Set a Date to Quit

Submitted by Dr. Himanshu Desai on October 12, 2020

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There's no "right way" to quit. 

There’s no “right way” to quit smoking, but with dedication and the right support, it’s very possible.

As a physician who specializes in treating the respiratory system, I’ve seen the countless ways smoking can impact your health and have guided many patients through their journey to quit. Here are a few recommendations I share with them and hope they will help you too.

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What medications and nicotine supplements should I use? 

I typically recommend a combination of the nicotine patch along with nicotine gum or lozenges, as needed. This combination therapy often works better than a single agent. Other medications available are varenicline (Chantix) and bupropion (Wellbutrin or Zyban). Varenicline is a little more effective than bupropion, however, based on insurance coverage, some patients find it more expensive. Bupropion is also an antidepressant and might help those who have depression and would like to quit. Weight gain is less common with bupropion compared to varenicline.

What types of therapies are helpful for smoking cessation?

I recommend formal or informal behavioral counseling for all patients who wish to quit. I routinely do not recommend hypnotherapy, acupuncture and other alternative modalities to patients, however I do suggest these as a second line treatment. Specifically, I recommend it for those who cannot quit smoking with medications and behavioral counseling, or for those who cannot take medications due to side effects. Each individual is different, and I try to come up with a plan tailored for each one. I also cannot overemphasize how invaluable it is for patients to receive support from family and friends.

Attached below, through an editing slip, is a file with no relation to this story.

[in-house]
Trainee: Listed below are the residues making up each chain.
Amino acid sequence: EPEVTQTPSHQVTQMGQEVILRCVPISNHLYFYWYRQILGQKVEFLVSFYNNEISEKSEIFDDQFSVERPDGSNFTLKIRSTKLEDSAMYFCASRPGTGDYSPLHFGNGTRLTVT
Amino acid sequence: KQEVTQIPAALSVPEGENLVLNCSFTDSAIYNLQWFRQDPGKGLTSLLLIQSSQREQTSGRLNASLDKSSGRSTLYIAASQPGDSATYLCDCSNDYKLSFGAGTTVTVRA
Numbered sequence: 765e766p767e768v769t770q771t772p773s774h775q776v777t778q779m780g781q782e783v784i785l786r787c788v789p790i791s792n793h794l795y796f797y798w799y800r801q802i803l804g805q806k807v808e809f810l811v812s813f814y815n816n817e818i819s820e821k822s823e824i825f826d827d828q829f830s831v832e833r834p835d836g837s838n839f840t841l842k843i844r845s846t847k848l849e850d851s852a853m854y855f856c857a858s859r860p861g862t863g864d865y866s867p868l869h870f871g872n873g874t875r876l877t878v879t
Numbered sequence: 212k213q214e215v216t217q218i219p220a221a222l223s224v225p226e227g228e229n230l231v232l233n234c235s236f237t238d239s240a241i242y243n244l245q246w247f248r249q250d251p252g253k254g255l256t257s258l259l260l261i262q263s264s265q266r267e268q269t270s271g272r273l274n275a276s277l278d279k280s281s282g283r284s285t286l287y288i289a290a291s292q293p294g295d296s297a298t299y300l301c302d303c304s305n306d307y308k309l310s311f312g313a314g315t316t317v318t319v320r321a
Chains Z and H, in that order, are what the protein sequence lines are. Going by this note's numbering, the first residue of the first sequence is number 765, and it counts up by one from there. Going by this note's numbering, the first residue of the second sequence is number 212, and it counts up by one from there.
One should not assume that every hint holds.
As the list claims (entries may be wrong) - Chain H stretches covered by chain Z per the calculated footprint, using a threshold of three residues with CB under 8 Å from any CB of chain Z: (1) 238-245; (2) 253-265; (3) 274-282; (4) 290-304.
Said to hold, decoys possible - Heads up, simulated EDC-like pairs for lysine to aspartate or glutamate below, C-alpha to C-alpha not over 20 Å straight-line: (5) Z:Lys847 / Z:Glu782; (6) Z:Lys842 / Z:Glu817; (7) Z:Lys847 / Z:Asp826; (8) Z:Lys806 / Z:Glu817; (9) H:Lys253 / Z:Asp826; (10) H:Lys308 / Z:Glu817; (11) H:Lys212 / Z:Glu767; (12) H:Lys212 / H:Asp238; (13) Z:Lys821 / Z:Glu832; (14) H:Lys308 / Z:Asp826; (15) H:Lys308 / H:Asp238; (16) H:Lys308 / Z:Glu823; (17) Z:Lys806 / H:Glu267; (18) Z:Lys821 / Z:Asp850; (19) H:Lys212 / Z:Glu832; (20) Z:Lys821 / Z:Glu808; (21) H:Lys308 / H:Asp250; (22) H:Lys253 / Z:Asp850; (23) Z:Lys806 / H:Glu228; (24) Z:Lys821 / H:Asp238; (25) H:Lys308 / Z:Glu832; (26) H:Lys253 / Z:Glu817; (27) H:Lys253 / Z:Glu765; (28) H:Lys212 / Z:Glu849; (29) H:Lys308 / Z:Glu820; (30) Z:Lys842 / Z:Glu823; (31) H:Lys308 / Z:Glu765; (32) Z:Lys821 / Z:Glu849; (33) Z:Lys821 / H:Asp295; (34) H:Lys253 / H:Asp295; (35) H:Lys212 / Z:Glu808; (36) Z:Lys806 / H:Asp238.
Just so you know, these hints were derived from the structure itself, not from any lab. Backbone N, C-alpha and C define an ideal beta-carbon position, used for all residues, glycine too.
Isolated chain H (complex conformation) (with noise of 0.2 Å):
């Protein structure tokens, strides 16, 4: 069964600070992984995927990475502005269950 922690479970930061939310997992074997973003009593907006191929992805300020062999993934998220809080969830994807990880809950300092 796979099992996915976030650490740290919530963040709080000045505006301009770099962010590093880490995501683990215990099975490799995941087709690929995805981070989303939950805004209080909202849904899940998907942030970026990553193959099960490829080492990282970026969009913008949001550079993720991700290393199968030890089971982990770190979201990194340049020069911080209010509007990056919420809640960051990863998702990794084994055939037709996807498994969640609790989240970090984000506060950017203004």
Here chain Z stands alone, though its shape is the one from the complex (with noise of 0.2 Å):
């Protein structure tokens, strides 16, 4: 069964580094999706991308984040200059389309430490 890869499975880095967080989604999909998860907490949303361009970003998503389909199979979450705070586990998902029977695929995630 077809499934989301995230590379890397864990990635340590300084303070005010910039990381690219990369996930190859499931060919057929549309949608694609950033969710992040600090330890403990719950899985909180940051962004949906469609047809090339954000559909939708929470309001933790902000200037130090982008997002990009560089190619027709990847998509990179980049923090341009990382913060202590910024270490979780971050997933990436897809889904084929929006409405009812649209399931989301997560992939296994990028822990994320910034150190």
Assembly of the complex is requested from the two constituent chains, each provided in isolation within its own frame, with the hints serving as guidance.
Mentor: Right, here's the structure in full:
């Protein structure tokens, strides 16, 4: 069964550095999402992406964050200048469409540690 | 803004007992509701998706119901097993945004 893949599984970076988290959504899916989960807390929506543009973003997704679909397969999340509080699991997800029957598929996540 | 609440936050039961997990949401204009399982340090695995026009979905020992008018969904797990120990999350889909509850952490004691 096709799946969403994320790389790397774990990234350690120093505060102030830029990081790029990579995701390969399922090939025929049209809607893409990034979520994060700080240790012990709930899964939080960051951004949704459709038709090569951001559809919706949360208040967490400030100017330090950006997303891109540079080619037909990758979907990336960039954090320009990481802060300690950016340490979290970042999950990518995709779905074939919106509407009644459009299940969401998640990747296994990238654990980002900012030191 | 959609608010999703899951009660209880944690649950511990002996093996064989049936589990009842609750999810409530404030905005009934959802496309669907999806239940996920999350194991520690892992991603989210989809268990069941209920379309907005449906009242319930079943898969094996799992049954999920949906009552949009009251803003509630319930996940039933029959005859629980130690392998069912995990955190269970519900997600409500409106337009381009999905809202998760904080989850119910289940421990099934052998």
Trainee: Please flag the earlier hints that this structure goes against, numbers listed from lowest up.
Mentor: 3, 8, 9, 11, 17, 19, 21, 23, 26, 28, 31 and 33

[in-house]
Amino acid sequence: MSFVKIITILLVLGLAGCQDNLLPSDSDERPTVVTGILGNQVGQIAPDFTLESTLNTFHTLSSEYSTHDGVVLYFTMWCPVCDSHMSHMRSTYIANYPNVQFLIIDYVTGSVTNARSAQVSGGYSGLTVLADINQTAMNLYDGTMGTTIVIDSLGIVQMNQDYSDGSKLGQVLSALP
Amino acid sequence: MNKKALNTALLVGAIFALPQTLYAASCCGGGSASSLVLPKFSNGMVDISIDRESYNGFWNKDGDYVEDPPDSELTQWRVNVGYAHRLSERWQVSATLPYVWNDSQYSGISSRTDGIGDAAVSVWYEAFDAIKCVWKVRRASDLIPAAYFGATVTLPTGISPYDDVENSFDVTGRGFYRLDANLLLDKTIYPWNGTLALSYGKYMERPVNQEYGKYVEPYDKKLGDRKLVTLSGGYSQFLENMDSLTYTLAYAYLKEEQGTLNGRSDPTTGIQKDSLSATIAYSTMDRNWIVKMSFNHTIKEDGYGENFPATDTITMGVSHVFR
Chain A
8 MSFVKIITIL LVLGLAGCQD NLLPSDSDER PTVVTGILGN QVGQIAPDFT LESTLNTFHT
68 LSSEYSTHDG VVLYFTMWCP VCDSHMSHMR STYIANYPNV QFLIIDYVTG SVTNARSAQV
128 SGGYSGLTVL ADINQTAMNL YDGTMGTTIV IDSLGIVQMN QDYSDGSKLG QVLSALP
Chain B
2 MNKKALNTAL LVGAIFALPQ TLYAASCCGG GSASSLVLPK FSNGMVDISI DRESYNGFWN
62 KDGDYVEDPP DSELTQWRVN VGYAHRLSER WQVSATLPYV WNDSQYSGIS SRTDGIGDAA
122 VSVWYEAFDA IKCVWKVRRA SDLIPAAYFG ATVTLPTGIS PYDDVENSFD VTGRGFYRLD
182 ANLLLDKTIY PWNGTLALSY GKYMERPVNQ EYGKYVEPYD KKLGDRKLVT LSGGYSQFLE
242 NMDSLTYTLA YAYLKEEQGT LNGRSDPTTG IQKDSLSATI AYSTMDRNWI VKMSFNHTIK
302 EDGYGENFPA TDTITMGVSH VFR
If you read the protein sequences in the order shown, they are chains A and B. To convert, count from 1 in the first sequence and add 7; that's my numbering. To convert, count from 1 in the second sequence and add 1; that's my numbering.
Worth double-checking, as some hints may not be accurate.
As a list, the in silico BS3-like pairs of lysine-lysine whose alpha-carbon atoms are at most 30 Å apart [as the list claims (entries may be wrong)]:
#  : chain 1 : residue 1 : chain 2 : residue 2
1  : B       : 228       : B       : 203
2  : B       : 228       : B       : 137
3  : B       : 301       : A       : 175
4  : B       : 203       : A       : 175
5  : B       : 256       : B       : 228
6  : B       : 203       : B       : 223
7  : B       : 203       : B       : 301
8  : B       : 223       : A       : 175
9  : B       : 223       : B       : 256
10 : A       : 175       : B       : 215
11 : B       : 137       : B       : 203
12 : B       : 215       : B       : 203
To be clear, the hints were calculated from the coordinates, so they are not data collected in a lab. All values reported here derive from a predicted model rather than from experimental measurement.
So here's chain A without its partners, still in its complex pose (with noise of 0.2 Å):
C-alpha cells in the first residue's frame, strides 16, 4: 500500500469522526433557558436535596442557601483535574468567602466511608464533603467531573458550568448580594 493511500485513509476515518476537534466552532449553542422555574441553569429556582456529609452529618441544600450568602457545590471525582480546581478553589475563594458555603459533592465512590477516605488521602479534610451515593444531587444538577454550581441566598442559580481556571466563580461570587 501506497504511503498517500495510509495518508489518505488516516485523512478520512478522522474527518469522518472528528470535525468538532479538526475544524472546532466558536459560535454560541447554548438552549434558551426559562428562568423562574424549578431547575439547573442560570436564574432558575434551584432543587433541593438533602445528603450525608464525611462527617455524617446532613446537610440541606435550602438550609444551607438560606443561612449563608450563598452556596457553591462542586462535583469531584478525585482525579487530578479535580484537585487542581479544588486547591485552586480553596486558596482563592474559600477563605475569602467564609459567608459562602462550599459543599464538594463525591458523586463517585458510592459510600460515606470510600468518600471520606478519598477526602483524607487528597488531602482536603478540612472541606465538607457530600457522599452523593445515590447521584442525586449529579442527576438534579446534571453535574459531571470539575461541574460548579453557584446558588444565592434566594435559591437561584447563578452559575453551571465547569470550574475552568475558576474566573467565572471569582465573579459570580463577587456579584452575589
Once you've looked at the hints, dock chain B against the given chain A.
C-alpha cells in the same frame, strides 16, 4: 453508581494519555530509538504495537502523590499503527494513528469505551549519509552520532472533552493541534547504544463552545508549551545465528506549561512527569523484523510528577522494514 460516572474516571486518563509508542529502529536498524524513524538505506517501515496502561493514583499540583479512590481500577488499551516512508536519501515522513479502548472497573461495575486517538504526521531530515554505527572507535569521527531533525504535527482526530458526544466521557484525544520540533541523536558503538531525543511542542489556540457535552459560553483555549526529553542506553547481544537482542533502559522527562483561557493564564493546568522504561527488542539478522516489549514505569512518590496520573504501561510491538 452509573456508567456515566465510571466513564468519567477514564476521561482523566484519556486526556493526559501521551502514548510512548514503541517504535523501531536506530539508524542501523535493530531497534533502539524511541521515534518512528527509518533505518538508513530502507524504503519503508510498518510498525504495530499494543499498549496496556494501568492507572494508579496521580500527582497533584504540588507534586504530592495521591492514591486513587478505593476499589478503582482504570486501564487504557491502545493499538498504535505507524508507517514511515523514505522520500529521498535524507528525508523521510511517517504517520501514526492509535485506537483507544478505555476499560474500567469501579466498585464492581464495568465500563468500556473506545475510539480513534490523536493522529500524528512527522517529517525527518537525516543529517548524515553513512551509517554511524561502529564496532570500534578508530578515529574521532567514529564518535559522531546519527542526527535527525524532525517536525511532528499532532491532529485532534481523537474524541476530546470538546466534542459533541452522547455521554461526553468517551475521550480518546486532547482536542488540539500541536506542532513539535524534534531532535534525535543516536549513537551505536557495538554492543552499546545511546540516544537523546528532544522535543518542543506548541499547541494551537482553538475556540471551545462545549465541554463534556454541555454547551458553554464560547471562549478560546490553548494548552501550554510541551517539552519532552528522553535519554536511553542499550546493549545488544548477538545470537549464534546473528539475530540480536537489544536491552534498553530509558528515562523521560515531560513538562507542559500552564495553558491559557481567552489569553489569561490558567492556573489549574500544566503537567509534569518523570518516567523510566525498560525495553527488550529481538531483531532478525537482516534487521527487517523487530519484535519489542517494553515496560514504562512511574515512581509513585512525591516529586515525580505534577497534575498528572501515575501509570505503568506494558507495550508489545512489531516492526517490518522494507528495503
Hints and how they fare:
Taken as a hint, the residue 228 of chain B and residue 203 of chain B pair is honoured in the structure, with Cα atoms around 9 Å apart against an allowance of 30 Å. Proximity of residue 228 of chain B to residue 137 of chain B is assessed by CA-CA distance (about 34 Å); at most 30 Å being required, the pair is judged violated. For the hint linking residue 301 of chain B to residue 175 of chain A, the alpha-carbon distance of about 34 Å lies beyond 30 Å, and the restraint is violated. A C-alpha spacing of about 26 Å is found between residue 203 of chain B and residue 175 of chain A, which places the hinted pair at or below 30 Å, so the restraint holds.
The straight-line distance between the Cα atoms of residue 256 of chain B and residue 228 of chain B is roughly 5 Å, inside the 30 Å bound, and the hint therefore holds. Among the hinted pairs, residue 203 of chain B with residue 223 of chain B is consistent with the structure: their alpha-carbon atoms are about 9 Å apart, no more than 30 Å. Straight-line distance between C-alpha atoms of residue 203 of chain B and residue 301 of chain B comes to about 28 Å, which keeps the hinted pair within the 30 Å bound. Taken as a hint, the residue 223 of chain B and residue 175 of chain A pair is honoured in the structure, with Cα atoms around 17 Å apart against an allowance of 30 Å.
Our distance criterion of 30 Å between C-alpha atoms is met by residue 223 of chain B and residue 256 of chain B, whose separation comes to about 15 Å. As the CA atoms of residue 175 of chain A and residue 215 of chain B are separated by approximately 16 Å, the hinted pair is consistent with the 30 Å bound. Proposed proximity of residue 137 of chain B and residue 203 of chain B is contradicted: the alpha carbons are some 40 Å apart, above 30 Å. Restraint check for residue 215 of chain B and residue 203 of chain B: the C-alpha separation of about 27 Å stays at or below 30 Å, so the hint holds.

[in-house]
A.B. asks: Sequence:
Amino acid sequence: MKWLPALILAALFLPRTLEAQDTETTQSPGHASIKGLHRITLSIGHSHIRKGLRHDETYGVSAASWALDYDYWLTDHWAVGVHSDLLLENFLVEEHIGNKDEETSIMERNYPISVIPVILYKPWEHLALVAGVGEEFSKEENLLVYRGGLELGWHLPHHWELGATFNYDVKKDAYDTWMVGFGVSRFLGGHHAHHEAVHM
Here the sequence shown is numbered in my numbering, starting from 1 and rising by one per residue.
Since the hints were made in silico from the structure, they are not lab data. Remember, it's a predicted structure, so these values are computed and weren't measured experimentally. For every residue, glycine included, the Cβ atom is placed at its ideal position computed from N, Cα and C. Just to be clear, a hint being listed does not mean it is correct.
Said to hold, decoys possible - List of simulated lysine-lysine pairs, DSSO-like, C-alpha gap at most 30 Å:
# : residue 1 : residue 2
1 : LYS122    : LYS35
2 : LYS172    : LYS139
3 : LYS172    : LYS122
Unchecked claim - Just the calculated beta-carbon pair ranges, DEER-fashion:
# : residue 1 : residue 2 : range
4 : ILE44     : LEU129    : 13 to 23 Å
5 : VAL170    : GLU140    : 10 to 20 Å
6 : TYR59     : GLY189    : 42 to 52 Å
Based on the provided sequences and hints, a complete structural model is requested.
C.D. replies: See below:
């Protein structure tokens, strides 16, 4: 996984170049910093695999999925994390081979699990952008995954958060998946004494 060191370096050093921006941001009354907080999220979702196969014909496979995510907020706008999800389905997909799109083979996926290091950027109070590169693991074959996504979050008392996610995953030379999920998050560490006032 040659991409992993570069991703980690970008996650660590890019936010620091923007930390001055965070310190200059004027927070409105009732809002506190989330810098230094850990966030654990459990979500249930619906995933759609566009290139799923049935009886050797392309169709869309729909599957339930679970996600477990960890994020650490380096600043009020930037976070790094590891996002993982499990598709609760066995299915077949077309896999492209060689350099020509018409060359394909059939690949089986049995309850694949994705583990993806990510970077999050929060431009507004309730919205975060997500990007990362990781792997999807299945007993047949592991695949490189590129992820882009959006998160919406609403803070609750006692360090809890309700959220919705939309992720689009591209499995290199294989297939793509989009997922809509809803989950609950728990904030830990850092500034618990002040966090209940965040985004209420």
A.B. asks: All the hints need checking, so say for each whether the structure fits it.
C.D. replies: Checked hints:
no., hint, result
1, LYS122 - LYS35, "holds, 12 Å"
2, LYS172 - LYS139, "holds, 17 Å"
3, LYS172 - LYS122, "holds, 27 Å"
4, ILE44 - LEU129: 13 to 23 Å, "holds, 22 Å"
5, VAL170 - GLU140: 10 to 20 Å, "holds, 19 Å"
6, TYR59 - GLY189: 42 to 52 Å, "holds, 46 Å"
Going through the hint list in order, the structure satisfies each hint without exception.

Can I quit cold turkey?

Generally, I do not recommend quitting cold turkey, as there is a high chance of relapse. However, I have seen a good number of patients who were able to quit this way. 

How long does it take most people to stop smoking, is there a range?  

I recommend my patients quit gradually, within two to four weeks. There is no particular range, however quitting within a month is generally recommended. 

What will withdrawals be like?

The process of quitting is not easy. Patients experience symptoms of nicotine withdrawal which can include changes in mood, insomnia, irritability, anxiety, difficulty concentrating, restlessness, increased appetite and weight gain. Thankfully, these symptoms peak in the first three days of smoking cessation and subside over the next three to four weeks. Most smokers require multiple attempts at smoking cessation before permanently quitting.

What are the benefits of quitting smoking? Can I know what damage has been done to my lungs from smoking?

Smoking cessation decreases the rate of lung function decline and improves the symptoms of many lung conditions. It also helps to reduce cough and sputum production in certain patients. Risks of developing COPD, lung cancer and other types of cancers also decrease with smoking cessation. If you’ve ever been a long-term smoker (more than 30 years and one pack per day) and have smoked within the last 15 years, I recommend a lung cancer screening with a low-dose CT scan in addition to a full annual physical and all other age-appropriate cancer screenings.

Quitting smoking may be one of the most difficult things you ever accomplish, but the health benefits are truly incalculable. If you stick with it and stay dedicated, you can do it. I’ve had countless patients achieve success. 

Dr. Himanshu Desai is Board Certified in Pulmonary, Critical Care and Internal Medicine. Dr. Desai completed his Pulmonary and Critical Care Fellowship at the University of Buffalo. He received his Doctor of Medicine degree from Smt. NHL Municipal Medical College, Gujarat University in Ahmedabad, India. He completed Internal Medicine Residences at both Gujarat University and State University of New York in Buffalo, NY, where he served as Chief Resident. Dr. Desai completed his Pulmonary and Critical Care Fellowship at State University of New York. He is a published author of numerous research papers, review articles and book chapters.